By Janine Ashbless
So this is how my fallen angel novel Cover Him with Darkness came to be written.
It started off as a short story that I submitted to an erotic romance anthology: A mysterious prisoner has been kept for centuries beneath a church in the mountains of the Balkans – so many centuries that no one even remembers his crime or knows what he is capable of doing if he escapes. The daughter of the Serbian Orthodox priest who guards him falls obsessively in love with the creature and eventually releases him. Because that’s the sort of thing a naïve young woman might do, regardless of the risks to herself, or her family, or the world.
I was very excited about writing it, and really knocked back…when it got rejected. Ouch. It just didn’t hit the right tone for that collection. Too dark, and not unambiguously romantic enough. Fortunately another call for submissions turned up almost immediately, for an anthology with more emphasis on dark gothic eroticism. Mitzi Szereto picked up my poor rejected story for Red Velvet and Absinthe.
Several months after publication by Cleis Press, Brenda Knight the publisher e-mailed me out of the blue. She’d read (and re-read) Cover Him with Darkness, and she loved it and desperately wanted to know what happened next. Would I turn it into a novel for Cleis and their new imprint, Tempted Romance?
Oh. Oh yes. I’d like that very much! There was just one problem. In the original short story I’d been deliberately ambiguous about the nature of the beast – it was never made entirely clear whether the handsome prisoner in the cell was a pagan god, titan, angel or demon. Now I had to make that decision. And deciding that he was the fallen angel Azazel meant I had a huge story to tell about the consequences of his release. Azazel is far from repentant and he’s got plans for revenge. Various Churches want to imprison him again, or make use of him for their own ends. What will the loyal angels do? What will God Himself do? “So much is going to happen following on from Mija’s pivotal decision!” I yelped, finding myself up to my neck in the Old Testament, Orthodox iconography and the Apocalypse. “I need more than one book to tell the story!” And Cleis agreed, I’m glad to say. I’m now aiming to write a trilogy, The Book of the Watchers, that’s just as much paranormal thriller as it is hot romance.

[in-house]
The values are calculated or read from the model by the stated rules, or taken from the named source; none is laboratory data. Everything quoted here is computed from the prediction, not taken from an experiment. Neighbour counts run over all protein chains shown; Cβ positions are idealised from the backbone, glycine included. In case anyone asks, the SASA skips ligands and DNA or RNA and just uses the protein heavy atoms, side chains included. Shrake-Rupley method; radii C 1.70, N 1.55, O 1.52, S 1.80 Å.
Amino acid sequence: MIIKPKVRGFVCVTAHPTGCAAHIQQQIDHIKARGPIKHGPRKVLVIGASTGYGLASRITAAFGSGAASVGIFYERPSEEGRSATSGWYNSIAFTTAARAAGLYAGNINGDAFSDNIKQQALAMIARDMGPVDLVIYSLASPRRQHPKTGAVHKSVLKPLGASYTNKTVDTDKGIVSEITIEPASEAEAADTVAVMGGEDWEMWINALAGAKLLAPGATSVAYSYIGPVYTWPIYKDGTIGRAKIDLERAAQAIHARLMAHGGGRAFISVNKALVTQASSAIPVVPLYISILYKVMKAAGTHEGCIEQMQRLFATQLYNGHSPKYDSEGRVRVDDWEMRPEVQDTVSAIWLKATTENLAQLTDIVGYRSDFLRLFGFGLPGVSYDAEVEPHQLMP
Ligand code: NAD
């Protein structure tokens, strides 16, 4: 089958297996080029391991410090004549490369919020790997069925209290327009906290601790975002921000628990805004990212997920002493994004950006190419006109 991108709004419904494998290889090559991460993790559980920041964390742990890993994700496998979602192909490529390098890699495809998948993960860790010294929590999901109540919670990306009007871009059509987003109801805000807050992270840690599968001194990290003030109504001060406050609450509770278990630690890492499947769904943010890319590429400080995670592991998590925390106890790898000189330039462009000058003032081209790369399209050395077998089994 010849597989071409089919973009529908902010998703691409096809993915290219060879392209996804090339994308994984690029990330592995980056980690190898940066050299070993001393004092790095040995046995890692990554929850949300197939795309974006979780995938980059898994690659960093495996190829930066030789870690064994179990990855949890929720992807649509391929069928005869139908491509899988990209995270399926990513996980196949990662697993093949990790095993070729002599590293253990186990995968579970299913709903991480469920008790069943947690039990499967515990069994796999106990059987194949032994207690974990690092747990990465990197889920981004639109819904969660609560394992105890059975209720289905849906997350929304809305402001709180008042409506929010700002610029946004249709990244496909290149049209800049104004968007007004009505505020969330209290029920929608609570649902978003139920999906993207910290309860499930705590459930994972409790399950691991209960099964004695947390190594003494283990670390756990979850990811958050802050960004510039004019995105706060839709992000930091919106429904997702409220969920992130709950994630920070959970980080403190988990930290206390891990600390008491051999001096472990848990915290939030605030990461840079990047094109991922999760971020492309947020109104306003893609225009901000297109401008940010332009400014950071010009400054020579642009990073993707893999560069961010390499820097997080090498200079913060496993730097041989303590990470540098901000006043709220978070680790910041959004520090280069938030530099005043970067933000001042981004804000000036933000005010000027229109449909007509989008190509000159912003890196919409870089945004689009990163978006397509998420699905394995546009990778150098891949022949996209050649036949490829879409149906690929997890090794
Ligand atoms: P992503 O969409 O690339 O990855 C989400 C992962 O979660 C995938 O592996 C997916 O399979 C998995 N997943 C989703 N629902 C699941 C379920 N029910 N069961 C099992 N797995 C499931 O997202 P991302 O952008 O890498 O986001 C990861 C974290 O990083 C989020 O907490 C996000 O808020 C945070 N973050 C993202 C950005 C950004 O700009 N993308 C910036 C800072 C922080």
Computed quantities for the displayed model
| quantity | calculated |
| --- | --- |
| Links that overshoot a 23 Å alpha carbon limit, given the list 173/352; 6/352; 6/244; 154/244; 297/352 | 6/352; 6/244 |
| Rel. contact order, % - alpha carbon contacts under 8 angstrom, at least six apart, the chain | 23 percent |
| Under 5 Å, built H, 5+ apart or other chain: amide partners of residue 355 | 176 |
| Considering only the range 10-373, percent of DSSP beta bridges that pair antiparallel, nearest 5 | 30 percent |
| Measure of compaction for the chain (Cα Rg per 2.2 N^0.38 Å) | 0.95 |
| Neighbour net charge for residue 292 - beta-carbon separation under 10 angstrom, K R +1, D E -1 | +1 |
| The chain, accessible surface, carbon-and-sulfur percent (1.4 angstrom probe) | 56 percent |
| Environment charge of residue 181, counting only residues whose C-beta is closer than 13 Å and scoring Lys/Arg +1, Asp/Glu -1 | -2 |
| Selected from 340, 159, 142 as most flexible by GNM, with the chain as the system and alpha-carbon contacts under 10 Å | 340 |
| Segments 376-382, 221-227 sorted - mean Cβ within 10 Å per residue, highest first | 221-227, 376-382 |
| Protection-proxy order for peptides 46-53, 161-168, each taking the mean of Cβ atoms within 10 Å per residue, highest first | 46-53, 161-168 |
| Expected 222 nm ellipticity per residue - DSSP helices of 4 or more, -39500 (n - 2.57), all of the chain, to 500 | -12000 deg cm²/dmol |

If there’s a moral to this story, it’s that you shouldn’t give up on a story you really believe in. Writing is about talent, but getting published is often about being lucky enough to have your work in the right place at the right time. You never know when your chance might roll round. Maybe angels are watching.
Janine Ashbless is a writer of fantasy erotica and steamy romantic adventure – and that’s “fantasy” in the sense of swords ‘n’ sandals, contemporary paranormal, fairytale, and stories based on mythology and folklore. She likes to write about magic and mystery, dangerous power dynamics, borderline terror, and the not-quite-human.
Janine has been seeing her books in print ever since 2000, and her novels and single-author collections now run into double figures. She’s also had numerous short stories published by Black Lace, Nexus, Cleis Press, Ravenous Romance, Harlequin Spice, Storm Moon, Xcite, Mischief Books, and Ellora’s Cave among others. She is co-editor of the nerd erotica anthology Geek Love.
Her work has been described as: “hardcore and literate” (Madeline Moore) and “vivid and tempestuous and dangerous, and bursting with sacrifice, death and love.” (Portia Da Costa)